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There’s an easy knock against the space dreams of Jeff Bezos and his rocket company, Blue Origin: In its 24th year of existence, the company has yet to launch a single thing to orbit.

Blue Origin’s accomplishments to date are modest — a small vehicle known as New Shepard that takes space tourists and experiments on brief suborbital jaunts. By contrast, SpaceX, the rocket company started by the other high-profile space billionaire, Elon Musk, today dominates the launch market.

On Wednesday, Blue Origin hopes to change the narrative, holding a coming-out party of sorts for its new big rocket.

In the morning, at Launch Complex 36 at the Cape Canaveral Space Force Station in Florida, the doors to a giant garage opened. The rocket, as tall as a 32-story building, lay horizontally on the trusses of a mobile launch platform.

The contraption was cradled on a transport mechanism that resembles several long mechanical centipedes, but with wheels, 288 in all, instead of feet. It began rolling slowly out and up a concrete incline, a quarter-mile trip toward the launchpad.

The rocket will undergo at least a week of tests before returning to the garage.

“I’m very confident there’s going to be a launch this year,” Dave Limp, the chief executive of Blue Origin, said in an interview. “We’re going to show a lot of progress this year. I think people are going to see how fast we can move.”

Named New Glenn in honor of John Glenn, the first American to orbit the Earth in 1962, the powerful rocket will be capable of lugging about 100,000 pounds into low-Earth orbit. That is a greater lifting capacity than SpaceX’s Falcon 9 rockets but not as much as the Falcon Heavy.

New Glenn is one of several rockets expected to debut this year, adding to competition for SpaceX. In January, the Vulcan rocket, built by United Launch Alliance, a joint venture between Boeing and Lockheed Martin, made a successful maiden flight. It used two of Blue Origin’s BE-4 engines, proving their design met expectations. The first stage of New Glenn will use seven BE-4s.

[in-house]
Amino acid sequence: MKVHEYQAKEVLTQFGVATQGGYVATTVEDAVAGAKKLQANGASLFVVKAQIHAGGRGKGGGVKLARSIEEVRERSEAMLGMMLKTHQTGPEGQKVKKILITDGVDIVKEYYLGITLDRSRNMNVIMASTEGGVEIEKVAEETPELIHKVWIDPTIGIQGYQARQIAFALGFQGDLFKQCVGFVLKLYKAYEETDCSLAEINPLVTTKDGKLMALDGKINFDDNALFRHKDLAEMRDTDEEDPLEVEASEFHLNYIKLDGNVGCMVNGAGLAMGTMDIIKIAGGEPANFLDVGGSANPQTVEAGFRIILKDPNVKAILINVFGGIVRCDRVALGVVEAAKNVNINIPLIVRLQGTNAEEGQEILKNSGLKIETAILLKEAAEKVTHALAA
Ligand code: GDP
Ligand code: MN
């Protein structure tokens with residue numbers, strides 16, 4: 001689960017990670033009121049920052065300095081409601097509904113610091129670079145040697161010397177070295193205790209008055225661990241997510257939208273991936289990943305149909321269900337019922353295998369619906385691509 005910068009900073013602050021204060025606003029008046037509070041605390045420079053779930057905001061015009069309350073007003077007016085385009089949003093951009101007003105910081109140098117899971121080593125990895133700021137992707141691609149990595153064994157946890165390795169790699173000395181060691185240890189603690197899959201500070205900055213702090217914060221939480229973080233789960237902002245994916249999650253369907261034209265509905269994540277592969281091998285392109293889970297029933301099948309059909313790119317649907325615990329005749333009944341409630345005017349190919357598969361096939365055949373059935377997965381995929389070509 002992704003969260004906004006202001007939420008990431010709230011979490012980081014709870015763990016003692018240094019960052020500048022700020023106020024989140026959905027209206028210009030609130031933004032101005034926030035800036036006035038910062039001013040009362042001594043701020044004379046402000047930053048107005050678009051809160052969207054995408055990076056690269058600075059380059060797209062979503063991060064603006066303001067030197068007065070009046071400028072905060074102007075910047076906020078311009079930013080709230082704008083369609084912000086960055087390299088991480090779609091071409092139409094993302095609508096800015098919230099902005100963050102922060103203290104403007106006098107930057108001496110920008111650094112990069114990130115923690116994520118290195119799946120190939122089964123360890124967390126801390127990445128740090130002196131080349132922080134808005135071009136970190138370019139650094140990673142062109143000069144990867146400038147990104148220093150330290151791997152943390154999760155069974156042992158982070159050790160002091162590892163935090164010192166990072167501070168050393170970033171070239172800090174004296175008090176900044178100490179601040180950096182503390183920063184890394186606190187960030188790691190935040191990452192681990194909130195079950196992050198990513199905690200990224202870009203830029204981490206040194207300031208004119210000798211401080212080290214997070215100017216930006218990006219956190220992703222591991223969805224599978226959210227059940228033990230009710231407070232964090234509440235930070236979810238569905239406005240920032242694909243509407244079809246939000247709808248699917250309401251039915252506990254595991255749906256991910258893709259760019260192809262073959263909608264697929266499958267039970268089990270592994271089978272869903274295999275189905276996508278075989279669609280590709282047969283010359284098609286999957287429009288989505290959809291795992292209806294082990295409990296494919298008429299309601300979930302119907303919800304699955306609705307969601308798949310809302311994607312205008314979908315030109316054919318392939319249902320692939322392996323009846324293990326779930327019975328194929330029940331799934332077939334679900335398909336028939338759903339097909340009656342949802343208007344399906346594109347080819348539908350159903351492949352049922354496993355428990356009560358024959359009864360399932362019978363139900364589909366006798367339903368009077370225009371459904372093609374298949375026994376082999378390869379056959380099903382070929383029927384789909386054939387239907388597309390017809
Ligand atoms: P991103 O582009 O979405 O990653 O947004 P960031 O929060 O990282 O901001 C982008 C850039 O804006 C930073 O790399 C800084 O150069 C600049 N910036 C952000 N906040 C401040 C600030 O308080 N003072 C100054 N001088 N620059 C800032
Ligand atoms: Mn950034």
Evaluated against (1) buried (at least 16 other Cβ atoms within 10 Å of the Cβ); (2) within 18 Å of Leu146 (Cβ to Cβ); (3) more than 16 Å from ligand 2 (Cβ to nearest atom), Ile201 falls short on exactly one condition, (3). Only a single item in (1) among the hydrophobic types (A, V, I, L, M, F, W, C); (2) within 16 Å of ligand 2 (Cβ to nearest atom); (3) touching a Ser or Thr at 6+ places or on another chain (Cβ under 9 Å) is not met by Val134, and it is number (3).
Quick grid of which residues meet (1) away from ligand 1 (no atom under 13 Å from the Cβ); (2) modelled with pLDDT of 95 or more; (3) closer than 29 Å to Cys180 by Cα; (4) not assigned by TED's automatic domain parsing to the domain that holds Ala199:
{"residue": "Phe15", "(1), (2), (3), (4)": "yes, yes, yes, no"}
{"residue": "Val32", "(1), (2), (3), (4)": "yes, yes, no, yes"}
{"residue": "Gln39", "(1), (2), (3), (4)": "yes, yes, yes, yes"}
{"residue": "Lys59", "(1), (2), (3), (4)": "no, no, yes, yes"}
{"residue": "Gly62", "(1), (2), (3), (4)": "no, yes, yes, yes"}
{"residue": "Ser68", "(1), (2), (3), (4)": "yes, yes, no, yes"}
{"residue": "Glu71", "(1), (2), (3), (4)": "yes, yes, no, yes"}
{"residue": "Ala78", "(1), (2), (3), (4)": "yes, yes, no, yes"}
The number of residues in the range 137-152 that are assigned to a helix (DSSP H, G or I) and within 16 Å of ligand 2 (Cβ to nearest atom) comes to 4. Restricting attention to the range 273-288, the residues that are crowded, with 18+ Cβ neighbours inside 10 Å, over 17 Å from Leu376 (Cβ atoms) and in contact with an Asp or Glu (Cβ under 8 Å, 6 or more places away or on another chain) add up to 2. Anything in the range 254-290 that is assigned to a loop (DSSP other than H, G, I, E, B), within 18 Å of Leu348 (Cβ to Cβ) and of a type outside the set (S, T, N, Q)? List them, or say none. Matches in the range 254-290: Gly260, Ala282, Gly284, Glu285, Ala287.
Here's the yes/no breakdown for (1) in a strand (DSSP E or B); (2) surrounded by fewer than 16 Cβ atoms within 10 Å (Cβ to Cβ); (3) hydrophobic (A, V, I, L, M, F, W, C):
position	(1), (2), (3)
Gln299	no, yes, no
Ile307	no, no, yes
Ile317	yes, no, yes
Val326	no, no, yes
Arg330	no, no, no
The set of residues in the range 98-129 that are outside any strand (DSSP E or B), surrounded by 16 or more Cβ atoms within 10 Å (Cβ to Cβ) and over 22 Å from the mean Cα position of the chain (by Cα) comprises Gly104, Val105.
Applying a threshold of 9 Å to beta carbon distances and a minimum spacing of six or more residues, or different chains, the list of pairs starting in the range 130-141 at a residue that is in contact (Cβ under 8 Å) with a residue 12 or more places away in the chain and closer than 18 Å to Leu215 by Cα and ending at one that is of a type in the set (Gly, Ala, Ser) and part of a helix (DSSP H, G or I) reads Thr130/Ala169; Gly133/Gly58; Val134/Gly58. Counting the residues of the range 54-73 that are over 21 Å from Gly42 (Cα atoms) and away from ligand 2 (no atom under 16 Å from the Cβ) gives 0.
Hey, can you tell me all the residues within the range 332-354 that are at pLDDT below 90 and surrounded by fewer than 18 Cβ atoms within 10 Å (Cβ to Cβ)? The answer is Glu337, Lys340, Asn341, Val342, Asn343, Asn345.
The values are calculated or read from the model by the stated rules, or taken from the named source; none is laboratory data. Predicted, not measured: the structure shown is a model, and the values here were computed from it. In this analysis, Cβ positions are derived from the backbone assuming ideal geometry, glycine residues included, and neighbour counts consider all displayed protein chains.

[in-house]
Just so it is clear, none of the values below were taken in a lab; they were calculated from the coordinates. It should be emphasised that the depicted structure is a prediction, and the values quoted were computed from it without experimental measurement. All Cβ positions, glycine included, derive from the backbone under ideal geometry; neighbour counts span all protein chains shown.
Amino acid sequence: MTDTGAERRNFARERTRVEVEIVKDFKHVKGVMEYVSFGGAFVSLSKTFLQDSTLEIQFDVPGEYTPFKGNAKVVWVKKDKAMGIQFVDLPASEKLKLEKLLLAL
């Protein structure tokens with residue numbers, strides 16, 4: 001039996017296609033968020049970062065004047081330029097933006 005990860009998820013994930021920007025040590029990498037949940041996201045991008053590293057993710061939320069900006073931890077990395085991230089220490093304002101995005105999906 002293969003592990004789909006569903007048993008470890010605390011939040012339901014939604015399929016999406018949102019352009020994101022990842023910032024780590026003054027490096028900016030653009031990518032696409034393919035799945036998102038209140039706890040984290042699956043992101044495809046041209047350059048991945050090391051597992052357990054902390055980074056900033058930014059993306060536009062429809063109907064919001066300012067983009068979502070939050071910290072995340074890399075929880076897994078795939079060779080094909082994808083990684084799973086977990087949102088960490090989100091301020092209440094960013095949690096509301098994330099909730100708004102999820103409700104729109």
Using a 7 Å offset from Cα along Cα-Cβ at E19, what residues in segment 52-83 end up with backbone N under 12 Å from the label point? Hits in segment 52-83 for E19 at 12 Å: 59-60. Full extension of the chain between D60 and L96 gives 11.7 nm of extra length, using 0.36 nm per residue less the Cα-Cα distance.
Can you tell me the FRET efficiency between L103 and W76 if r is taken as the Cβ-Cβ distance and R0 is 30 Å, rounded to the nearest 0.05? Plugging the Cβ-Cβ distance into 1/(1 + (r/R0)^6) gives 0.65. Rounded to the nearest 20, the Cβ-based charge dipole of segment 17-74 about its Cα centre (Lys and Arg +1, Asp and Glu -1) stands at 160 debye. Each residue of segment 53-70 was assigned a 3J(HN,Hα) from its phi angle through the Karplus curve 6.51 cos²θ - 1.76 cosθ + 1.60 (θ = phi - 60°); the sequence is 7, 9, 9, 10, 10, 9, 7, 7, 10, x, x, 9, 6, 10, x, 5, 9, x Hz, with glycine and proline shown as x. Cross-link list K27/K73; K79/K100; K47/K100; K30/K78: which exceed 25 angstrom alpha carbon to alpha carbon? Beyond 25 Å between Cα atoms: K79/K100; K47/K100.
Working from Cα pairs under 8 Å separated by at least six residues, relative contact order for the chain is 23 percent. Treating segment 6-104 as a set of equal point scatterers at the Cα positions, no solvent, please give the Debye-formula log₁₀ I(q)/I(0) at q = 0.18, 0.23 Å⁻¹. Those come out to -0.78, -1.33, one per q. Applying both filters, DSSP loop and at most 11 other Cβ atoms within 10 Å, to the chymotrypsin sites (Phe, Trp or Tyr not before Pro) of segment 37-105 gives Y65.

Later this year, Ariane 6, a rocket designed by the European Space Agency, is expected to make its first flight, and SpaceX continues work on its gargantuan Starship rocket that is to take NASA astronauts to the surface of the moon.

Carissa Christensen, the chief executive of BryceTech, a space consulting company in Alexandria, Va., said the wealth of Mr. Bezos, founder of Amazon, gave Blue Origin credibility from the start.

”You’ve heard that saying,” she said. “Rockets run on money. And so, the depth of resources available to that company, the commitment of its founder, I think, makes it unique.”

But having the luxury of billions of dollars perhaps meant that Blue Origin did not always move with much urgency, she said. “Maybe that shifts you to a bit of a perfectionist model,” Ms. Christensen said.

The rocket now on the Blue Origin launchpad is not quite what will be launched later this year.

The tanks of the booster are the ones destined for space, but the rest of the booster may or may not be used for launch. Also, the BE-4 engines have not been installed yet. The second stage and the nose cone are just test versions.

Over the coming days, Blue Origin will practice filling the propellant tanks of the rocket.

A few miles away, a rocket factory is busy churning out pieces of future New Glenn rockets.

In 2015, Mr. Bezos announced plans for Blue Origin to build and launch rockets in Florida, with the first launch occurring by 2020. Within a couple of years, a giant Blue Origin factory rose on empty land not far outside of NASA’s Kennedy Space Center, but what was going on inside remained a mystery to outsiders.

Jarrett Jones, the senior vice president overseeing the development of New Glenn, said that the factory was empty when he joined Blue Origin in 2019.

“We’ve gone from basically just a building with tape on the floor to everything you see today,” he said during a tour of the factory at the end of January.

The capacious factory, spanning 650,000 square feet, is full but not jammed with partially built rockets. Pieces of the rocket enter one side of the factory and are assembled at stations extending down the factory floor, which is four football fields in length.

An upper section of a New Glenn booster towered in the middle of the factory, with massive fins at the top. “They’re about 15 feet long, about eight feet deep,” said Jordan Charles, the vice president who is responsible for the booster. “They do very little going up. They do a lot coming down. They help guide the vehicle.”